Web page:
Glasgow & West Scotland

Mumtaz Sattar murder: Husband Abdul formally arrested in Pakistan

Mumtaz Sattar
Image caption Mrs Sattar died shortly after arriving in Pakistan with her husband Abdul

A man from Port Glasgow has been formally arrested in Pakistan along with three other men in connection with the murder of his wife.

Abdul Sattar's wife Mumtaz was killed in Pakistan on 21 September.

Mr Sattar, 40, claimed the couple were drugged, attacked and thrown out of a taxi shortly after arriving in Lahore.

They had been on their way to see his parents in Punjab. Mrs Sattar later died and was buried in Shahkot.

Her husband has been detained in custody by police.

The announcement was made at a media conference in Glasgow held by relatives of Mrs Sattar and the family's lawyer, Aamer Anwar.

Security perimeter

Mr Anwar said: "I can advise that Abdul Sattar has now been formally arrested and is presently in custody.

"I was advised by the investigating officer yesterday evening that all of Mumtaz Sattar's property, including her jewellery, as well as Mr Sattar's credit cards, passport and £3,500, were recovered yesterday. Included in the items was Mumtaz's diary."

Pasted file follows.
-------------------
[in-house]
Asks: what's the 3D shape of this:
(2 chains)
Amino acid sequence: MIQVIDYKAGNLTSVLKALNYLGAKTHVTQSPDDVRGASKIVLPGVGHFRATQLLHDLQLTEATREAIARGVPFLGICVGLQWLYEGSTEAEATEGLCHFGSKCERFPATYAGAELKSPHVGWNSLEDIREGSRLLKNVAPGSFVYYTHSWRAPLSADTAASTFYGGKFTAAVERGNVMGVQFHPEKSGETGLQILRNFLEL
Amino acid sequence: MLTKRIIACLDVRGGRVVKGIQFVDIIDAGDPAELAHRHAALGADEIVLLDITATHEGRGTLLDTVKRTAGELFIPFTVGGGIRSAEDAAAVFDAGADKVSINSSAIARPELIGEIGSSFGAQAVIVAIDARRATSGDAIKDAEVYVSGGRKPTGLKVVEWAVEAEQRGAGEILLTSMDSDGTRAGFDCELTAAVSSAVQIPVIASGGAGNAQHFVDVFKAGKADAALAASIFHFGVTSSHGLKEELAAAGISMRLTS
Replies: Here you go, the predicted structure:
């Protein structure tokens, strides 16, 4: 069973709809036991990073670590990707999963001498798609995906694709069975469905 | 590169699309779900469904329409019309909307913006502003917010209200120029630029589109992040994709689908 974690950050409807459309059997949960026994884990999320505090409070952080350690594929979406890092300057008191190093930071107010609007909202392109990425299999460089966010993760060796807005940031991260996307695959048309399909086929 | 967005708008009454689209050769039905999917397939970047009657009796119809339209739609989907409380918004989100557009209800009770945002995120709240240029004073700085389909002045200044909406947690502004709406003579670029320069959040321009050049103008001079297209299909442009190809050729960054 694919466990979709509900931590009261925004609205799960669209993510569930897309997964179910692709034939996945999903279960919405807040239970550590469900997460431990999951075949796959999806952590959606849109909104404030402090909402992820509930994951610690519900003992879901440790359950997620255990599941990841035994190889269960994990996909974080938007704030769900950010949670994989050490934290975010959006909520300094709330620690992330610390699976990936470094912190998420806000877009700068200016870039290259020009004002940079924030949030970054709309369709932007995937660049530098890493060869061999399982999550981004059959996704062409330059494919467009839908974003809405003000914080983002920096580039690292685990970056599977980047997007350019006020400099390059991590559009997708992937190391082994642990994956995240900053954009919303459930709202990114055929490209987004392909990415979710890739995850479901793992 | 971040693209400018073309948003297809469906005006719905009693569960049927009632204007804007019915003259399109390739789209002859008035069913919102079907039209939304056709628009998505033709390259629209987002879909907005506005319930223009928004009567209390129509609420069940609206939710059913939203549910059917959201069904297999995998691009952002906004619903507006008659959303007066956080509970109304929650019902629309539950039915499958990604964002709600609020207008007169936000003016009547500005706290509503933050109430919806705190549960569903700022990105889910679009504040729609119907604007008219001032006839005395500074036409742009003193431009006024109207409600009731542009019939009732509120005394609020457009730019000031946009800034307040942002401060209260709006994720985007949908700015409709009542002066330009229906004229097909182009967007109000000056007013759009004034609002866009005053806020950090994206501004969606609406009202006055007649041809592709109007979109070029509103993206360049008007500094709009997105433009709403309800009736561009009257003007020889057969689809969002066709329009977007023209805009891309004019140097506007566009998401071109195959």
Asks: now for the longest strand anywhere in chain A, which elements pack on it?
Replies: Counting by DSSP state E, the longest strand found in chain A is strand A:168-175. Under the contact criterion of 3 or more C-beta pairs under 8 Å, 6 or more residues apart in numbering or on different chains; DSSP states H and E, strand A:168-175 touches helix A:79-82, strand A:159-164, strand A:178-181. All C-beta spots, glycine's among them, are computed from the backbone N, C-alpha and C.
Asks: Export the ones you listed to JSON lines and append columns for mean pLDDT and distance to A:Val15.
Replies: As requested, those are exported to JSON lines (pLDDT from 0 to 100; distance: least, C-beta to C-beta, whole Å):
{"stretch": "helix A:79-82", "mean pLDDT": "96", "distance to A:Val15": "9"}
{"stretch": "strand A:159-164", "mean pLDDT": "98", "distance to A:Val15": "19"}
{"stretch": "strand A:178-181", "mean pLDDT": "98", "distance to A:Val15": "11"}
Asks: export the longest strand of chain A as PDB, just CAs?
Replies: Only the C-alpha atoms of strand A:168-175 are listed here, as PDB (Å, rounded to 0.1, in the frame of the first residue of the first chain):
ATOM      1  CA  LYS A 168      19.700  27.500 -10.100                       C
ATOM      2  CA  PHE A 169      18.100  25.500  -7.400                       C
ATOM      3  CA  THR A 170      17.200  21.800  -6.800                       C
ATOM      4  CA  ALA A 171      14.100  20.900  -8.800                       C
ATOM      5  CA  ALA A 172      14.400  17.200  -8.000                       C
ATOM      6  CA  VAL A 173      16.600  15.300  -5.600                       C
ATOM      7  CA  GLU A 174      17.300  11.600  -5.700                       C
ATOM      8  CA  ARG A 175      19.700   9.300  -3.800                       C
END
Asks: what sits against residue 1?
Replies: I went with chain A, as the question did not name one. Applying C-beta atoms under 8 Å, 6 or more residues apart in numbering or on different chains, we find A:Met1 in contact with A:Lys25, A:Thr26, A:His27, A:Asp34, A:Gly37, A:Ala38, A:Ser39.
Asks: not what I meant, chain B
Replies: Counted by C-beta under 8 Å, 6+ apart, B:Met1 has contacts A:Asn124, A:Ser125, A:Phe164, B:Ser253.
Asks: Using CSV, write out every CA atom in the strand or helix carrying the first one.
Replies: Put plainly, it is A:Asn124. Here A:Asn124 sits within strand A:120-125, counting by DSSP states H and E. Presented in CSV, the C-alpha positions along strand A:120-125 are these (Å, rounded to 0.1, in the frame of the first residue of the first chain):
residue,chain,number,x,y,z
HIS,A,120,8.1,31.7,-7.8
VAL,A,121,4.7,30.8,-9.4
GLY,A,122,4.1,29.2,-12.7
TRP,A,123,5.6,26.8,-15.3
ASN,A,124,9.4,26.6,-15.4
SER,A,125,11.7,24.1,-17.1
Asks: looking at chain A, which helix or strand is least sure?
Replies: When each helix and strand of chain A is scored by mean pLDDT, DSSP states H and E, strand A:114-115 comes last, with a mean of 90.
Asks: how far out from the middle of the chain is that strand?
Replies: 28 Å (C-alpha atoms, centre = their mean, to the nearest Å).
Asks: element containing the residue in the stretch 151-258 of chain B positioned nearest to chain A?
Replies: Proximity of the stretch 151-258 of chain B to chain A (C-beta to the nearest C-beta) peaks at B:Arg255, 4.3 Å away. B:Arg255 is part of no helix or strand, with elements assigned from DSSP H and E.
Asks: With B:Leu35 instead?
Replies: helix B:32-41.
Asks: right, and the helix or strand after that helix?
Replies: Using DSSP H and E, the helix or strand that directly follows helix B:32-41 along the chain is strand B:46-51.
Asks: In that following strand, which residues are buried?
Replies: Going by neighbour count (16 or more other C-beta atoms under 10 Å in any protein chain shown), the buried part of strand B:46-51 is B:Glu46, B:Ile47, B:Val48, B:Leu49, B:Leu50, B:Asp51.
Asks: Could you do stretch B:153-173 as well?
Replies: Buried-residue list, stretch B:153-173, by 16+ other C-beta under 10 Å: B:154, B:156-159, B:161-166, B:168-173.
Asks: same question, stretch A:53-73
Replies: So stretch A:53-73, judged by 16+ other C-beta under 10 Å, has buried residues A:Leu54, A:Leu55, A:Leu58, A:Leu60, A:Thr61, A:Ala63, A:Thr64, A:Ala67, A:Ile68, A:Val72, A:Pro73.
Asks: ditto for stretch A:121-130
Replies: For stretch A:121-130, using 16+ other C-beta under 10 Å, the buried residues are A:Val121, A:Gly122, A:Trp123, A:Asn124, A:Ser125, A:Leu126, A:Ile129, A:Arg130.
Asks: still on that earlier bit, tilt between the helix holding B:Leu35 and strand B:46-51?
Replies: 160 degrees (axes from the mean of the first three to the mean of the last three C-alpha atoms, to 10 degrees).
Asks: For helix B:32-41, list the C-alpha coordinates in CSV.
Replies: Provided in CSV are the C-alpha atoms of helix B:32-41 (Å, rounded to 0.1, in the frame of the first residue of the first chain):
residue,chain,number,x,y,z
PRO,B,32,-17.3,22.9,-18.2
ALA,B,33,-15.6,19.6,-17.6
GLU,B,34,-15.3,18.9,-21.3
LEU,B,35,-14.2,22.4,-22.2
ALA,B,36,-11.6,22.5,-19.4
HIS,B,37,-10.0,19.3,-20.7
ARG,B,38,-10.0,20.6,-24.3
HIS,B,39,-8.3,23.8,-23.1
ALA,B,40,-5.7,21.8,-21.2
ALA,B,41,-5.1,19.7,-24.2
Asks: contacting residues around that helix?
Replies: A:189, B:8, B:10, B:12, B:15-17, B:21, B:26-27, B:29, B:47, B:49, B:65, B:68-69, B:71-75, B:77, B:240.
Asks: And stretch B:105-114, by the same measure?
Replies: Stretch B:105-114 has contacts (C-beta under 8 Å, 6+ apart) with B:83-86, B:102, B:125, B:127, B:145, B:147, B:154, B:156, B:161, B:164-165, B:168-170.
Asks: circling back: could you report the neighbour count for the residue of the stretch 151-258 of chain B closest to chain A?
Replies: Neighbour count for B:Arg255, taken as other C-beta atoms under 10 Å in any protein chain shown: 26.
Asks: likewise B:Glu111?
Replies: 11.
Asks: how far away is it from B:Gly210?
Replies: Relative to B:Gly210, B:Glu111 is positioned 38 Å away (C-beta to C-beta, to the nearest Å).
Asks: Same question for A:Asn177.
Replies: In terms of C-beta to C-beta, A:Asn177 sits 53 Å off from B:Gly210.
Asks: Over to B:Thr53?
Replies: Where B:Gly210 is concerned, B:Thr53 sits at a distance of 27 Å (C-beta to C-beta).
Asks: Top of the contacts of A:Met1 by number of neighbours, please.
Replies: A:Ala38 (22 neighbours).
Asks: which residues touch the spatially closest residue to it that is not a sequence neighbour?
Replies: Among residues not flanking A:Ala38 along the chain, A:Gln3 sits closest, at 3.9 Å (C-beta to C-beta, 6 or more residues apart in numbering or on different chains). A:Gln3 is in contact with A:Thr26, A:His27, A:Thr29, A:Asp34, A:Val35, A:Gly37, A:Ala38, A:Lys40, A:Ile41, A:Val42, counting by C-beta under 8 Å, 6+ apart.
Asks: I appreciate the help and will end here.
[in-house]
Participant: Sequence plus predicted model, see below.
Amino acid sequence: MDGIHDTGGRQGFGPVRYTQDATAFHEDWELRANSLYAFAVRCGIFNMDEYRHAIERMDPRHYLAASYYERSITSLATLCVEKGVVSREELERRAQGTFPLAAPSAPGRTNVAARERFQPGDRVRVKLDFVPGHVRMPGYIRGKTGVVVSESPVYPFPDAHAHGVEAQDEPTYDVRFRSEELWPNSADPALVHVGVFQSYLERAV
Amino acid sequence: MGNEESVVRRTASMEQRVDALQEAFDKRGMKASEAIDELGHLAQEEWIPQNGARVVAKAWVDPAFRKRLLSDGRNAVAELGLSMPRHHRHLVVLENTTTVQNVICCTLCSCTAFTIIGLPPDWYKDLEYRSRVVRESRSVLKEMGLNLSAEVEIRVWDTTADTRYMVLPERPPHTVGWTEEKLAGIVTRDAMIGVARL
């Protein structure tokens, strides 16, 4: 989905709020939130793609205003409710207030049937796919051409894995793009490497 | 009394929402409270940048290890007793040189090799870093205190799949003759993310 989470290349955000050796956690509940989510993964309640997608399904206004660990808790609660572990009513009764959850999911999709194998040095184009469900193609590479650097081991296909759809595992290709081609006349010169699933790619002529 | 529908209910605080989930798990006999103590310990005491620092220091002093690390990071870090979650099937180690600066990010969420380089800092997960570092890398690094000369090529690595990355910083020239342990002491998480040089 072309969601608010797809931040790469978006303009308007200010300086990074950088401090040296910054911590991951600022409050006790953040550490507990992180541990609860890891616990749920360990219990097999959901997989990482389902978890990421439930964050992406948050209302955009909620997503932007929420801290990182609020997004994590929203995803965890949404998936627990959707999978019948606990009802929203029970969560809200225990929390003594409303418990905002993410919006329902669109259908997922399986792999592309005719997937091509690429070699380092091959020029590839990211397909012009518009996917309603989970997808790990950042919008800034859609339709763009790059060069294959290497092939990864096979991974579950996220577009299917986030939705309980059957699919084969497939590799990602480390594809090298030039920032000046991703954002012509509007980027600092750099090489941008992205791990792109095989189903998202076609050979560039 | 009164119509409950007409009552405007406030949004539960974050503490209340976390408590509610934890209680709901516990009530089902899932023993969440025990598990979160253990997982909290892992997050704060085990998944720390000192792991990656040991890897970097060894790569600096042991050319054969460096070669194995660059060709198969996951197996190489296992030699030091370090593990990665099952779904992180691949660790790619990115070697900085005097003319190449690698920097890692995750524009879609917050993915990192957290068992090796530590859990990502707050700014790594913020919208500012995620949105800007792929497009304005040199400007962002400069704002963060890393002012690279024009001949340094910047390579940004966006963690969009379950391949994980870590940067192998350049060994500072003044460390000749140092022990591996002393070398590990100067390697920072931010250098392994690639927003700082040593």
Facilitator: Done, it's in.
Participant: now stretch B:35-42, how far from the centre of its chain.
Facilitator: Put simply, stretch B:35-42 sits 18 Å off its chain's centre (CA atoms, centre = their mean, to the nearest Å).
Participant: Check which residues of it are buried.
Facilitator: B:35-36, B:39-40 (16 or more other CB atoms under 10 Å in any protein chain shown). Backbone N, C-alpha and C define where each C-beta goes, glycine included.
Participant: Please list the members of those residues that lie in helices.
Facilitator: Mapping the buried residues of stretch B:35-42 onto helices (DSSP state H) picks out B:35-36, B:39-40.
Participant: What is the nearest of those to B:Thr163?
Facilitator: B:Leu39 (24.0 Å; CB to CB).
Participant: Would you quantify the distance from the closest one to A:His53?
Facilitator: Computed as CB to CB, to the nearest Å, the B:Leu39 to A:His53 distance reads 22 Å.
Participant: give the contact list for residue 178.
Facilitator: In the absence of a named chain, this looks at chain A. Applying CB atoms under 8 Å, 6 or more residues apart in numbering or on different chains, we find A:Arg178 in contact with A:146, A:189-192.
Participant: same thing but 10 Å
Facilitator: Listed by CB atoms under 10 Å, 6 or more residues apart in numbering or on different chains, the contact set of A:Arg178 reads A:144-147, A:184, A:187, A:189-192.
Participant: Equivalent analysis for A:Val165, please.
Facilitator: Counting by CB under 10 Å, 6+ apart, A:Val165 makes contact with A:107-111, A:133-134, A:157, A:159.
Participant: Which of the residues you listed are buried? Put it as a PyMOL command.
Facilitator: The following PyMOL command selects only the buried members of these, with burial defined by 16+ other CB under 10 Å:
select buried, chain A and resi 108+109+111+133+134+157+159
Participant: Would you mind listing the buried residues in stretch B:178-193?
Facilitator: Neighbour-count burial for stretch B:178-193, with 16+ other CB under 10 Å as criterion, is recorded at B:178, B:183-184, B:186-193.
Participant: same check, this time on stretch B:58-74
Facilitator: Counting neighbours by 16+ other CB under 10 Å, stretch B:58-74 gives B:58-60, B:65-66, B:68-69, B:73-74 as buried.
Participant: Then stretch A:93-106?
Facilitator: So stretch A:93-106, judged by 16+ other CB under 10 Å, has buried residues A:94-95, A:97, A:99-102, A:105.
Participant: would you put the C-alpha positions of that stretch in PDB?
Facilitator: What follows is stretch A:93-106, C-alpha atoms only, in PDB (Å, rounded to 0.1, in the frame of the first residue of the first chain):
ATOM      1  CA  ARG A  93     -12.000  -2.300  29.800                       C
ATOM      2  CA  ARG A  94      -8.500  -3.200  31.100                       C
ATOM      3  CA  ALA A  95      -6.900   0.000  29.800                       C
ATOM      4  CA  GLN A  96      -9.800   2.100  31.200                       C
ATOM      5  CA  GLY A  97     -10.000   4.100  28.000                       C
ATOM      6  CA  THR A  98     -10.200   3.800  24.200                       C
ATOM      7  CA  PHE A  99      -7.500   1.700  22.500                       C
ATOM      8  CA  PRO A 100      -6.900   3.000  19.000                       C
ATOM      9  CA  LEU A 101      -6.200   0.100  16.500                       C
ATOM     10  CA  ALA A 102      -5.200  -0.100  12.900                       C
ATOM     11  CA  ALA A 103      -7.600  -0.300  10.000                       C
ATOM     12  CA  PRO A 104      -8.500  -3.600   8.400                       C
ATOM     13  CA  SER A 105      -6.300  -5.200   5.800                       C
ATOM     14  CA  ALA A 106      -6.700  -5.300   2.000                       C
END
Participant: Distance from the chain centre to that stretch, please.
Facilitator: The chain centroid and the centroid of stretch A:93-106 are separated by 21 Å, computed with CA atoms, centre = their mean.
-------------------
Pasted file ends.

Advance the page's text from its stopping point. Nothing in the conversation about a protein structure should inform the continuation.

Mr Anwar said police in Pakistan had found a white car which Mr Sattar had said was a taxi used to transport him and his wife from outside the security perimeter of the airport in Lahore.

The police had confirmed the vehicle was not a taxi, Mr Anwar said. He added that Mr Sattar had been seen on CCTV greeting males from the white car.

He added: "Three other suspects in the murder have also been formally arrested. These men, who were on the run following the recovery of the white car on Sunday, are allegedly linked to the white car and to Abdul Sattar."

Mr Anwar said he expected all four accused men to appear in court on Saturday, with bail likely to be opposed by the police.

Scottish police have been helping the Pakistani authorities with their investigation.

Last weekend the governor of the Punjab region, former Glasgow MP Mohammad Sarwar, assured Mrs Sattar's relatives that "justice will be done".

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